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In the current publishing environment, one thing remains the same as in years past: Nearly all writers with a publishing contract have an editor. However, not all editors and not all publishers are made the same. Often, whether due to intent or time or budget (often all of the above), all that an editor can do is fix errors, make some suggestions, and generally guide the manuscript through the pipeline.

For those writers and editors who are lucky enough to be given the time and support to really work on a book together, though, the results can be revelatory. Take this essay by Thomas Ricks, in which he describes in some detail the lengthy, painful, and ultimately rewarding journey he went on with the editor on his (incredible) book Churchill and Orwell:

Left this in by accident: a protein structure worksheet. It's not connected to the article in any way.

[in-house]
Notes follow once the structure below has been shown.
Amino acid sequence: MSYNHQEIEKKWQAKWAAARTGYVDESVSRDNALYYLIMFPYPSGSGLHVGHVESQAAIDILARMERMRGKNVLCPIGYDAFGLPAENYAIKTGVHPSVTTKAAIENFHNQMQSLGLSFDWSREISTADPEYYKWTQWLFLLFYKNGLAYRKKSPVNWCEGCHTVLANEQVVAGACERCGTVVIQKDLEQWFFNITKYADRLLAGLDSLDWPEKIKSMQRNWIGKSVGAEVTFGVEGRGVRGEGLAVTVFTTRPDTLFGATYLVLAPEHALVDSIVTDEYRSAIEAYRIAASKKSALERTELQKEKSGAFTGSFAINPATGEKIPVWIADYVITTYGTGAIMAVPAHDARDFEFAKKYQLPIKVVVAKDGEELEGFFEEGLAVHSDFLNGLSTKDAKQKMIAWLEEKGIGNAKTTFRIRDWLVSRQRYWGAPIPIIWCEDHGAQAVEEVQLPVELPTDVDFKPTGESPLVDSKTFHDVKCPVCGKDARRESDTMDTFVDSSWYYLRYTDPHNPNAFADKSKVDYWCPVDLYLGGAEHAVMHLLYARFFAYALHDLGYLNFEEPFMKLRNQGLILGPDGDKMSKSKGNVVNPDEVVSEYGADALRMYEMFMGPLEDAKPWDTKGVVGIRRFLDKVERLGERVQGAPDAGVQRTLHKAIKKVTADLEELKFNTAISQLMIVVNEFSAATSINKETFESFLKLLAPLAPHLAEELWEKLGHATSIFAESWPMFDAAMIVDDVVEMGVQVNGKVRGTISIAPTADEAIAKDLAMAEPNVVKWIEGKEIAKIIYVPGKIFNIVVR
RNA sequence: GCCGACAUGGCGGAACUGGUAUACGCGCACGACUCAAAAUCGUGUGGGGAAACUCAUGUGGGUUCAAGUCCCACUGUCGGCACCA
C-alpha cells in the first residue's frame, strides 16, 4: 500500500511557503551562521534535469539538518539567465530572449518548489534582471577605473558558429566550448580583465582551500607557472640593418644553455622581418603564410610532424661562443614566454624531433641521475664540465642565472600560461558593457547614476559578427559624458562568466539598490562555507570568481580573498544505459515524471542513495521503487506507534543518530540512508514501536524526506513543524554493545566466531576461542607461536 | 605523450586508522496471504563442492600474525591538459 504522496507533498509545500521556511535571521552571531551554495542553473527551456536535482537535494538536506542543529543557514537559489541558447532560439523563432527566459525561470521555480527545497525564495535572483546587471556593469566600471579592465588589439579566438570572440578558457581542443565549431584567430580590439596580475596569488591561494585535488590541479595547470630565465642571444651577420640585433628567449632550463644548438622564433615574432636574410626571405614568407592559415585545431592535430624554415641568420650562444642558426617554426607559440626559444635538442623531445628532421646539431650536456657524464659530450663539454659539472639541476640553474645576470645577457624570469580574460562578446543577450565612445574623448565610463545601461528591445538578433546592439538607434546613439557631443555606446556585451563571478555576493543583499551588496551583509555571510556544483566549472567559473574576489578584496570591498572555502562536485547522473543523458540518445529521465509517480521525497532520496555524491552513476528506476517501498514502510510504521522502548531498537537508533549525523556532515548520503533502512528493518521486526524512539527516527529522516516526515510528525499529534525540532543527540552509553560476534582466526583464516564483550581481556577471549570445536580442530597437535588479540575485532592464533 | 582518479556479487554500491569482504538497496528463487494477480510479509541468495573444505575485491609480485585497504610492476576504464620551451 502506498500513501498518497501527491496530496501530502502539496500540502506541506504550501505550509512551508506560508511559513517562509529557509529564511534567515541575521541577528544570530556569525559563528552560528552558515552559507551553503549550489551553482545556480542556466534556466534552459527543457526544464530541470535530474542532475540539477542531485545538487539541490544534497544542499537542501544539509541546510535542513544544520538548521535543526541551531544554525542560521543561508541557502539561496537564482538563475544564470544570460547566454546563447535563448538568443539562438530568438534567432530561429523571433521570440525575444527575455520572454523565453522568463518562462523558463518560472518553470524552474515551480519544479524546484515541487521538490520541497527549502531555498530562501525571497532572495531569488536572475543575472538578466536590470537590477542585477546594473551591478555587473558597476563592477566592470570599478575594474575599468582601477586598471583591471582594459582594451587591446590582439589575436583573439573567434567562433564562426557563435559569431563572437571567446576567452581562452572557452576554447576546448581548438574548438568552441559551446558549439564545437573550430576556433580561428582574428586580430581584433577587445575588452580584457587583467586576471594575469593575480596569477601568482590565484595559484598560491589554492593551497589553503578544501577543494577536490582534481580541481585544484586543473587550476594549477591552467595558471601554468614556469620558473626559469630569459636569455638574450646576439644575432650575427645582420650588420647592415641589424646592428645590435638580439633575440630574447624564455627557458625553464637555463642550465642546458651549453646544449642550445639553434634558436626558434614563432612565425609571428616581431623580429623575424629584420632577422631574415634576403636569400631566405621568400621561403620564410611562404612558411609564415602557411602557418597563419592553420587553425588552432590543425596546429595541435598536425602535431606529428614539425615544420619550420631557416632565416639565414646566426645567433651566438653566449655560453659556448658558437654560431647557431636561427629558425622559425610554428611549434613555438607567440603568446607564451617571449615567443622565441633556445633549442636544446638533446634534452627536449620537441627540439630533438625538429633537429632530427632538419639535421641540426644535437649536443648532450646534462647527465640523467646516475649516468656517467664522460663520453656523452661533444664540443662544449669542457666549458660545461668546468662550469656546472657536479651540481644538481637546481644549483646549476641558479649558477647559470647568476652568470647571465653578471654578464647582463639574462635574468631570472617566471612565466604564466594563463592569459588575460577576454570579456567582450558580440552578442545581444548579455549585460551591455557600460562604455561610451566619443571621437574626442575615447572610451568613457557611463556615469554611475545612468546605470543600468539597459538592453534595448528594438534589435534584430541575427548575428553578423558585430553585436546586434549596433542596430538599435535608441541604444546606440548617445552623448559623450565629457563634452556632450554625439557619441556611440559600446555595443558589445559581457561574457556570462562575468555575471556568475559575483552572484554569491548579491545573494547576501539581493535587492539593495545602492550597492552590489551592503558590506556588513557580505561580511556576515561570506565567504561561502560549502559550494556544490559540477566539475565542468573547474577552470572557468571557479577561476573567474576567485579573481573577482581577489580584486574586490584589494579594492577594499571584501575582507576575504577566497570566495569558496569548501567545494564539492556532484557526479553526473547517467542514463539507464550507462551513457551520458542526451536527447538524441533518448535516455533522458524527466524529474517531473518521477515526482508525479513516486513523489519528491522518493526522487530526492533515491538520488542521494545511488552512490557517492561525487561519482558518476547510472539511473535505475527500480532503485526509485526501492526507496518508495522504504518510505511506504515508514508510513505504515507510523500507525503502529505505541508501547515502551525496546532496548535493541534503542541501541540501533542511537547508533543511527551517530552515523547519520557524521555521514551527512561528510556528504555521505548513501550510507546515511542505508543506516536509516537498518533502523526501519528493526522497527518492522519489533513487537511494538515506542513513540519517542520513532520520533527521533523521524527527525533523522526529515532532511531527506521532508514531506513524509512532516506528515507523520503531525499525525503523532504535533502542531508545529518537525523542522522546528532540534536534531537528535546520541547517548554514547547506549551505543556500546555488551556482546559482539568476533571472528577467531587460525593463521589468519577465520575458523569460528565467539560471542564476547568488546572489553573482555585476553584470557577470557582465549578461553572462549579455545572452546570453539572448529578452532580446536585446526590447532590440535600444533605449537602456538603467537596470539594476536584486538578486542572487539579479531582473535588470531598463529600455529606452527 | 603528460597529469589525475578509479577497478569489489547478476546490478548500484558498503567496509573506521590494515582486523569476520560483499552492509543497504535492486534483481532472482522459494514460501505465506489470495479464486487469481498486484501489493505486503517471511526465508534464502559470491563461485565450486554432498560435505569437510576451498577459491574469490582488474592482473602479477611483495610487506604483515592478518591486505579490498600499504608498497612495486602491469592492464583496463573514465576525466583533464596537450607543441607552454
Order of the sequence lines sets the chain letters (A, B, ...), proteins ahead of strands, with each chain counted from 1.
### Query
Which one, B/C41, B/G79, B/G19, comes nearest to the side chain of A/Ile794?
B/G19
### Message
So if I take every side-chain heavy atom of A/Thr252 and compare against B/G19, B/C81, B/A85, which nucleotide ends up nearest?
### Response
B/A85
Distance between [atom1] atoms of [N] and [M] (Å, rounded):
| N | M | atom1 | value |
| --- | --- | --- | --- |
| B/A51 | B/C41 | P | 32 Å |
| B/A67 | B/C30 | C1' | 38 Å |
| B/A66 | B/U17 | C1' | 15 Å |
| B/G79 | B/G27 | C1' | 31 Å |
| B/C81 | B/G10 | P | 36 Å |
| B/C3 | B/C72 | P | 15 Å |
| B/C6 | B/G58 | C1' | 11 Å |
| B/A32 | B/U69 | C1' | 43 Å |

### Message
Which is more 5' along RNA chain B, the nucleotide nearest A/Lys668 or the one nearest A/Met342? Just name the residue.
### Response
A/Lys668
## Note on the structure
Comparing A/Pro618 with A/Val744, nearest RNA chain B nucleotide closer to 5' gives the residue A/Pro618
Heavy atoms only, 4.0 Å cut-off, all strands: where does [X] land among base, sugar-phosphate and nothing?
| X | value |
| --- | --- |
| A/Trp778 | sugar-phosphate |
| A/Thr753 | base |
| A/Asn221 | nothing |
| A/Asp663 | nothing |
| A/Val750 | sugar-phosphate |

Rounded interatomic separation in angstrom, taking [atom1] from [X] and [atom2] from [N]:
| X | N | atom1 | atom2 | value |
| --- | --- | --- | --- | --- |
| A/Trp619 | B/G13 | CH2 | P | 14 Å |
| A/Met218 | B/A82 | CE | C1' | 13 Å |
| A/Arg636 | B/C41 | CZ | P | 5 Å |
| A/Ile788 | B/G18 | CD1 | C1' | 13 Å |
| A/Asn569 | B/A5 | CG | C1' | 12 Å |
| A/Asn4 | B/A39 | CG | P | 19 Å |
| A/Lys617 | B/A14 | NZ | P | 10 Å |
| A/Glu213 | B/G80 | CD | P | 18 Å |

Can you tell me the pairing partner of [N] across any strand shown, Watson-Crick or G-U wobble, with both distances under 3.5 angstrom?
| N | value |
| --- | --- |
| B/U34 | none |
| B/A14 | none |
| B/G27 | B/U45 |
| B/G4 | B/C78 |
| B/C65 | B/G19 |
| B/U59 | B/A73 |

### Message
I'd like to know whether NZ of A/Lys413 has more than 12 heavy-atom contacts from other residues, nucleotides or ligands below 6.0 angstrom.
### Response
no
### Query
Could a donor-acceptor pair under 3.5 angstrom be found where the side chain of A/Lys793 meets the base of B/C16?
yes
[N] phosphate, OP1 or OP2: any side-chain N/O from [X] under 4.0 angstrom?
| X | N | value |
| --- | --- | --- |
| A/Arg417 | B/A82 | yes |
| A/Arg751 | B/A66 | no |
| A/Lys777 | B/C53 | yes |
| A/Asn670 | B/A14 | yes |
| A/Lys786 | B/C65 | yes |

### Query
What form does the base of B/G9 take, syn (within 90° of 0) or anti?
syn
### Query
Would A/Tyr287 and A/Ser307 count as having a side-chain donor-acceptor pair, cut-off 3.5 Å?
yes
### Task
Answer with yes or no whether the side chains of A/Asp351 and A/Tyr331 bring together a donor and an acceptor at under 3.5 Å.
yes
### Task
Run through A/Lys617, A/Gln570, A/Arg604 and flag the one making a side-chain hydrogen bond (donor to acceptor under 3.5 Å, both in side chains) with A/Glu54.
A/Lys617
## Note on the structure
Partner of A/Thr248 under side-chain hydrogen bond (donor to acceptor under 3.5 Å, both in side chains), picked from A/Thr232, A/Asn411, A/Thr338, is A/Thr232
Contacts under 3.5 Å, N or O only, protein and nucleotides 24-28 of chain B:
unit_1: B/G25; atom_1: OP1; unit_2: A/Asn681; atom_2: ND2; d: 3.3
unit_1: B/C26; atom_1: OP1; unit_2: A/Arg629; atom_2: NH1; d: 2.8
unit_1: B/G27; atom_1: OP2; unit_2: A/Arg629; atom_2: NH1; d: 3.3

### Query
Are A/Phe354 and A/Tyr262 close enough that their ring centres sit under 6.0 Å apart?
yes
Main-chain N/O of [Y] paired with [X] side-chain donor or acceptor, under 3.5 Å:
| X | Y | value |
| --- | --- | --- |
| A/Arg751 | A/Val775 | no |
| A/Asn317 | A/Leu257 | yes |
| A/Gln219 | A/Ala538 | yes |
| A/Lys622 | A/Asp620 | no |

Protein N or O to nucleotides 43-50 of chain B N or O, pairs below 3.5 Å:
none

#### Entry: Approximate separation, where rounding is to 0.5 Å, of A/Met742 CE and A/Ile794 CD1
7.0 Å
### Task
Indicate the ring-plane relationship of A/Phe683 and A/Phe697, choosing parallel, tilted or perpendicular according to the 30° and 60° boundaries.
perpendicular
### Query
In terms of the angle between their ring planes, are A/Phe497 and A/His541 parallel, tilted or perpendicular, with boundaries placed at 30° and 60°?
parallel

I asked Scott why he had been so rough on me the previous winter. ‘Sometimes my job is to be an asshole,’ he explained with equanimity. I wasn’t startled at this. At one point on an earlier book, when I told him how stressed I was feeling, he had replied, a bit airily, I thought, ‘Oh, every good book has at least one nervous breakdown in it.’

Near the end of our lunch, Scott offered one more wise observation about the writing process: ‘The first draft is for the writer. The second draft is for the editor. The last draft is for the reader.’

Negative feedback, especially from a trusted editor and/or friend, can be crushing.

But it can also save your book.

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